In fifth grade, in the school lab where classmates were afraid to prick their fingers for an exercise that I now understand to be questionable, I pricked mine. Like young vampires hungry for a single drop, boys and girls flocked to get a donation. I was pleased in a strange way – strange because I was never the sort to really care if people wanted me to be part of their clique. If someone wanted to be my friend, then fine. In college, I had my share of several true friends. We were a mix of guys and girls, rich and poor, cheerful and jaded, but we all had one thing in common: a love for the arts and computers. We were animation students.
In high school though, when things were a little bit lonely, a prick of a finger can turn into art. Droplets of blood became a miniature painting of a rose. They asked if I was alright. I was fine, really. I discovered that physical pain is better – easier to endure, at least – than emotional pain.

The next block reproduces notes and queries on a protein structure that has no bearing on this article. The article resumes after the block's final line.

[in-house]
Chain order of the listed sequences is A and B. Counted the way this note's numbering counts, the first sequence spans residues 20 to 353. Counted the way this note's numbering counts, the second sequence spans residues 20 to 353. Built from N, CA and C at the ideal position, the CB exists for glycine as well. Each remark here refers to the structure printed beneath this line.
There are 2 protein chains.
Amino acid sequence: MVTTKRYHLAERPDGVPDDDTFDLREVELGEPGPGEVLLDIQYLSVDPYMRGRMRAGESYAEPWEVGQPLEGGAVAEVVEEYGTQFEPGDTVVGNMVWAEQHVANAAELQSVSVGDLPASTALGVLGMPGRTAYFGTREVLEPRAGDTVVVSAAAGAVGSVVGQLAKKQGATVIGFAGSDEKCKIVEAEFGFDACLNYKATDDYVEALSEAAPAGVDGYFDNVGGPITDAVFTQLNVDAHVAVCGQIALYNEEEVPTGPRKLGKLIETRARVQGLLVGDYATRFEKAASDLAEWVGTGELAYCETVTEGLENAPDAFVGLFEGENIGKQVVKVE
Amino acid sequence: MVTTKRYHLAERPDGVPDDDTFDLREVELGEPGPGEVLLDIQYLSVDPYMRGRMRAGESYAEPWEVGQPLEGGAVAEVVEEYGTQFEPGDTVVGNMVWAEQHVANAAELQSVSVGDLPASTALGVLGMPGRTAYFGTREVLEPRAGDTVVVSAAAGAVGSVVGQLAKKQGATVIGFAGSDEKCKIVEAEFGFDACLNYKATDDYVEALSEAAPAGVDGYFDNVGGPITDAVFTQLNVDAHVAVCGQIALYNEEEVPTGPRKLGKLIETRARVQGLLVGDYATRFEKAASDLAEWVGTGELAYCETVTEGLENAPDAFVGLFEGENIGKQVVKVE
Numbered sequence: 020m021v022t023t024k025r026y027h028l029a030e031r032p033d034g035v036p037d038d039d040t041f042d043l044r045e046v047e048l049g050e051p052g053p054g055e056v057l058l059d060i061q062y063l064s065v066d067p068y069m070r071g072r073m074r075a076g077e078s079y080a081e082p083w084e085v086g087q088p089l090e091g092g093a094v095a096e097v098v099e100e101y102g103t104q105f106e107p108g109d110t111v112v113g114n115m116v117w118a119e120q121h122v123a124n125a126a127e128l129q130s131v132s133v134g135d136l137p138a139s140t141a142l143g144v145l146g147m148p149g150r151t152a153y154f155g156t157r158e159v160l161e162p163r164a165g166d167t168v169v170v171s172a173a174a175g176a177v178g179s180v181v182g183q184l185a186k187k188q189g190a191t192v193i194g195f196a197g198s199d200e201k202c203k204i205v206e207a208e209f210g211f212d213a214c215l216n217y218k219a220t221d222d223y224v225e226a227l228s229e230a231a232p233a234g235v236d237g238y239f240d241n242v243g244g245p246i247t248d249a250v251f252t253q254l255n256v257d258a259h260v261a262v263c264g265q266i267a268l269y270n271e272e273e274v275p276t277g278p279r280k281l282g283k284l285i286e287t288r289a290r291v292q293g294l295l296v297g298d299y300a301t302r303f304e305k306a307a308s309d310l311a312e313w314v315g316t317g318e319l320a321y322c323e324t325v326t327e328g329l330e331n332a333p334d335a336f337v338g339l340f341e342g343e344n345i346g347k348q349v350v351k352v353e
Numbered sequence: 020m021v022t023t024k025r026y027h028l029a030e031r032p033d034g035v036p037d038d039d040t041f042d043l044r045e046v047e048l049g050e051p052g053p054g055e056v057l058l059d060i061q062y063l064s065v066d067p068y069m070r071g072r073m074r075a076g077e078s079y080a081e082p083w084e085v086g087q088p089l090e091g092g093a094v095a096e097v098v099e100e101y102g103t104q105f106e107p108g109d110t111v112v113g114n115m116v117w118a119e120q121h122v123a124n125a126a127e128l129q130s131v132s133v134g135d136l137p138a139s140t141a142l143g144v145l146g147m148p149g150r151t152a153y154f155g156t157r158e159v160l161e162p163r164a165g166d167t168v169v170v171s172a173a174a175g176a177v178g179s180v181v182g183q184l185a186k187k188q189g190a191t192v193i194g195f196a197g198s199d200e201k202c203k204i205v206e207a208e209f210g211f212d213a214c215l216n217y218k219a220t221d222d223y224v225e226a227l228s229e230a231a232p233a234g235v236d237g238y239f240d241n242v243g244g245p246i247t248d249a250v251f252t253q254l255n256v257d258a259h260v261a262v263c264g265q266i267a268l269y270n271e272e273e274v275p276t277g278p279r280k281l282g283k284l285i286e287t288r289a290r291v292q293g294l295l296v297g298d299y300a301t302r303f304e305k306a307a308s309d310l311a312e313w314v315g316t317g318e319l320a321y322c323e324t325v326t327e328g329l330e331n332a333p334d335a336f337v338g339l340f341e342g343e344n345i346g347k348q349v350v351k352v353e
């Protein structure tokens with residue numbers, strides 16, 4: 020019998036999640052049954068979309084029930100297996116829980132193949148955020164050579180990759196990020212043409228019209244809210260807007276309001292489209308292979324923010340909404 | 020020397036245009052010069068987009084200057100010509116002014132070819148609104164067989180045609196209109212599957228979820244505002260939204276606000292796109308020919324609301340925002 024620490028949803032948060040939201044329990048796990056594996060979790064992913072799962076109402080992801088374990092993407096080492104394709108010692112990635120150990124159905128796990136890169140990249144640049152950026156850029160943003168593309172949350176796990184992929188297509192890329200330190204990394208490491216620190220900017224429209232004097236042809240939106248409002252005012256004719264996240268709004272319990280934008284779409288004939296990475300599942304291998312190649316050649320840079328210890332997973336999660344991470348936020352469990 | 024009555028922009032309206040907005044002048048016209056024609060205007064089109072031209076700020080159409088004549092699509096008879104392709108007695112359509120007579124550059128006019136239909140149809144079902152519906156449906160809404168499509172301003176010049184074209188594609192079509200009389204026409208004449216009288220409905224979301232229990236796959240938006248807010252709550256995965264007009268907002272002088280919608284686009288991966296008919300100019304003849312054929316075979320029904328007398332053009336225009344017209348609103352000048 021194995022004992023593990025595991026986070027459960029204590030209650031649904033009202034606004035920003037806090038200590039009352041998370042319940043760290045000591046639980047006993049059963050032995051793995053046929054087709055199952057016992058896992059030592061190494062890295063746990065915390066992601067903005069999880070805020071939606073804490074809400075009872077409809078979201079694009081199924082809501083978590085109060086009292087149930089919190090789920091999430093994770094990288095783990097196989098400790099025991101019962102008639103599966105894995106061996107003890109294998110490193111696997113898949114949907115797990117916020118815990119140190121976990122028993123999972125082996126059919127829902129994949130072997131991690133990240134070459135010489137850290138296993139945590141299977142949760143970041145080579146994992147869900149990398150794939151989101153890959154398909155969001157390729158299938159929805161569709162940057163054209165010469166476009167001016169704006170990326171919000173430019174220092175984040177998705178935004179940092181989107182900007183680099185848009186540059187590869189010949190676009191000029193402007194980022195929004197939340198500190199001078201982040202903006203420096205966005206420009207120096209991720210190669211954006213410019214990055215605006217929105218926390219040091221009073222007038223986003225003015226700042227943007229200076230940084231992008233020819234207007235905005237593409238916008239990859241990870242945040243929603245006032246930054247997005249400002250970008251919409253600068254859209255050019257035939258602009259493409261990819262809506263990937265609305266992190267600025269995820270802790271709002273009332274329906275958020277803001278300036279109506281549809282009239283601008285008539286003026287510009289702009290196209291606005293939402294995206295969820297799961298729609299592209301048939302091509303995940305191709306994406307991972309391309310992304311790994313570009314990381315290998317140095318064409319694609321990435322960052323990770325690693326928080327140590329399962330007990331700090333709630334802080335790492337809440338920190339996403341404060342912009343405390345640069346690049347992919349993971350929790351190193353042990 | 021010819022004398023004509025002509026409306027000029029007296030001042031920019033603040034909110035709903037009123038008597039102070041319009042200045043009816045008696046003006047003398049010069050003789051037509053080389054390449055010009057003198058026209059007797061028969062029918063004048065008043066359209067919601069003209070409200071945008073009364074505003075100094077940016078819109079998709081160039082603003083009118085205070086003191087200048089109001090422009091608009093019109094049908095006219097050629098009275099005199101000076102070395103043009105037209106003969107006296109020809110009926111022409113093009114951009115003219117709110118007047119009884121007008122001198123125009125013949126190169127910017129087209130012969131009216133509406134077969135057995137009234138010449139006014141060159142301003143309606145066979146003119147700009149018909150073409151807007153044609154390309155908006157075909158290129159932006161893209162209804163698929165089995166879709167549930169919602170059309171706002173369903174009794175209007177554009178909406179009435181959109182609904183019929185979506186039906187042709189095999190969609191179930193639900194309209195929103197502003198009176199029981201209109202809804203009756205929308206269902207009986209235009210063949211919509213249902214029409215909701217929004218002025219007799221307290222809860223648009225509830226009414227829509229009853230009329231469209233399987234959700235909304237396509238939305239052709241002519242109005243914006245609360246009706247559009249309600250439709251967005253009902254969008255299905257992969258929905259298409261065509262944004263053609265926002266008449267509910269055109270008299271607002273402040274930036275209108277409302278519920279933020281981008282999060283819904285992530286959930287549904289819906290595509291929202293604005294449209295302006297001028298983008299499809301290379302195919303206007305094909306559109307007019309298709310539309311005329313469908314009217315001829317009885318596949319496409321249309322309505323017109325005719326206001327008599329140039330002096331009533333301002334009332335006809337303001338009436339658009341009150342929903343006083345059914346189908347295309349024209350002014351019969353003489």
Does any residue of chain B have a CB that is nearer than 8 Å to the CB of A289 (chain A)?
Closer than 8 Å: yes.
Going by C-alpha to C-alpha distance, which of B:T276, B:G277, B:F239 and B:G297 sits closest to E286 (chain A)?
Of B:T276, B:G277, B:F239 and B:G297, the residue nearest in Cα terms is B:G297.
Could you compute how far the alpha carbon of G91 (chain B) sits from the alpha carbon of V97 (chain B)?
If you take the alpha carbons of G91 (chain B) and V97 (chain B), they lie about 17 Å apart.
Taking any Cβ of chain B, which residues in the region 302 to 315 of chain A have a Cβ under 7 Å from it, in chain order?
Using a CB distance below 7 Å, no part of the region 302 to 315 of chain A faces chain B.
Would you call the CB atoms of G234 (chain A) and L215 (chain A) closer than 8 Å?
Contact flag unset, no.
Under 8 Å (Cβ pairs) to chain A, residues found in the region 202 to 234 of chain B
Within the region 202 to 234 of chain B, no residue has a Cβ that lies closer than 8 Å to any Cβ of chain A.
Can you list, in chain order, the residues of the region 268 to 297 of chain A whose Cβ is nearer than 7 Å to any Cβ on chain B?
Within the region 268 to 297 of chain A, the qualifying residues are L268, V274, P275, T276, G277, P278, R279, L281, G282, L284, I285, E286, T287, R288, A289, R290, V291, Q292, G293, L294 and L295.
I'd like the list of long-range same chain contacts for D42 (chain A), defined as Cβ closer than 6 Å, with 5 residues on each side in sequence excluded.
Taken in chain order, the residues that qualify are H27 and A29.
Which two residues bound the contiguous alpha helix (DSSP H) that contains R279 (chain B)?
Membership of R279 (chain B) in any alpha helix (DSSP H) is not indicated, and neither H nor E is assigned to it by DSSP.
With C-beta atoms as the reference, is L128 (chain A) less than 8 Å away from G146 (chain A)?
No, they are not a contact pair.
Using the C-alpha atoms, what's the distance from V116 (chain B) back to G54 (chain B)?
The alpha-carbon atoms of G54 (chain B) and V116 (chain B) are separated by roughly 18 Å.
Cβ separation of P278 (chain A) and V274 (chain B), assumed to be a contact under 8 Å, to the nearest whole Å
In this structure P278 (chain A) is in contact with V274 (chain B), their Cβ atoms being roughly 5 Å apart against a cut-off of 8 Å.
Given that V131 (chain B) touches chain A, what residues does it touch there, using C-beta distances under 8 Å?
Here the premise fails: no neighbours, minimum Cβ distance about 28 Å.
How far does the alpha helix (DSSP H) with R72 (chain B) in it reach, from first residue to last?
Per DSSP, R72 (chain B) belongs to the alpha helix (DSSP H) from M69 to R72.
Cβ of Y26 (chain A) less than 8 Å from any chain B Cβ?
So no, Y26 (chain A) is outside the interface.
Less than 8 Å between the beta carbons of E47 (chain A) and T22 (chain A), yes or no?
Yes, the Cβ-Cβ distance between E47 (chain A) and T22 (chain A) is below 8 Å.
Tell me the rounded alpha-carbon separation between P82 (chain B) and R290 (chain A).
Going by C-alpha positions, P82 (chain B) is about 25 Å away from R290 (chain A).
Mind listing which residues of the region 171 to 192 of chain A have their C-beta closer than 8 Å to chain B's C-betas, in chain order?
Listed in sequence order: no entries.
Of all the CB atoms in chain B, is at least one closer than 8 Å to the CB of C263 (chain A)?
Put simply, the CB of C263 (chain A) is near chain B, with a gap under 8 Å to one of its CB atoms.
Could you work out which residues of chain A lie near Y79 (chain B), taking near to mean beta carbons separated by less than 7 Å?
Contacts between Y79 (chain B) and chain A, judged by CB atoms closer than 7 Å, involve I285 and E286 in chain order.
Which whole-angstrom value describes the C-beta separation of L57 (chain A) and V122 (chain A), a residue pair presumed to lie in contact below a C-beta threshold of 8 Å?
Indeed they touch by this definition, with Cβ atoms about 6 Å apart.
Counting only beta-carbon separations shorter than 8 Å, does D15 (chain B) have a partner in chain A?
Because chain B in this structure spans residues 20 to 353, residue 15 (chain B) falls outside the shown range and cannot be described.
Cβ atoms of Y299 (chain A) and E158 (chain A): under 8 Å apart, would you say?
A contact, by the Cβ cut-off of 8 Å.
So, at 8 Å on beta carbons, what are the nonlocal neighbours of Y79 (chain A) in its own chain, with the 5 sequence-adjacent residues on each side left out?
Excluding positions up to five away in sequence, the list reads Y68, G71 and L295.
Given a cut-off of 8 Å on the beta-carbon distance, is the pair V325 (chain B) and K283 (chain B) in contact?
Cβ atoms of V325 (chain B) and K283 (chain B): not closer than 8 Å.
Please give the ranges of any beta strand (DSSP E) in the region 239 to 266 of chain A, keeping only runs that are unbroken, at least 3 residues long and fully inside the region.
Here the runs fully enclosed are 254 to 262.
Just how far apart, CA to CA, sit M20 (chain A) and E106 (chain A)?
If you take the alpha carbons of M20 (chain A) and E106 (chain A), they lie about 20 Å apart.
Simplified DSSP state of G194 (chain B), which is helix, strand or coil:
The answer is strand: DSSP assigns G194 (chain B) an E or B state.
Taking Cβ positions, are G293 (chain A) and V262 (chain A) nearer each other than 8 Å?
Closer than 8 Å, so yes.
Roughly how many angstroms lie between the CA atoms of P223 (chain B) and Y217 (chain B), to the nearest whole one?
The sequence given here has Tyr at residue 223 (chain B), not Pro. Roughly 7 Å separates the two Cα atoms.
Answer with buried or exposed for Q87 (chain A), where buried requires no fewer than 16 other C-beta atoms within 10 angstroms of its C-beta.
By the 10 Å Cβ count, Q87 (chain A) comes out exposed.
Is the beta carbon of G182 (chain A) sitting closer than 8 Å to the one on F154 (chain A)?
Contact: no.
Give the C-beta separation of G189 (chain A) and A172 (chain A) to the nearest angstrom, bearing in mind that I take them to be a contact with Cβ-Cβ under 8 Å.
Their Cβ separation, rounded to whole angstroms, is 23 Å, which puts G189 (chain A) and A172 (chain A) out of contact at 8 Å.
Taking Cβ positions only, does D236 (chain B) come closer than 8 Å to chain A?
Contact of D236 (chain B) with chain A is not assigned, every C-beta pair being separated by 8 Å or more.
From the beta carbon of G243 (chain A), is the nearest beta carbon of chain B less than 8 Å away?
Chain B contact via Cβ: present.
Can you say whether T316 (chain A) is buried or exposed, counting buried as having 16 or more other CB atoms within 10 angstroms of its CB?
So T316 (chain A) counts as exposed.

As a mother giving birth, pain was glorious and necessary. It gave life to a wailing infant, alive and hungry for more about living. A shot of Vicodin was still a bonus, though.
As a mother, however, pain has become equal to fear. There is the fear of leaving somebody behind, someone precious and beautiful. Youth can make you embrace risks but experience teaches caution. Caution is boring but wise.
Life is a relationship with pain. We all have to go through not just surgeries and physical wounds but also heartbreaks and disappointments. We just have to understand when to endure pain and when to overcome it.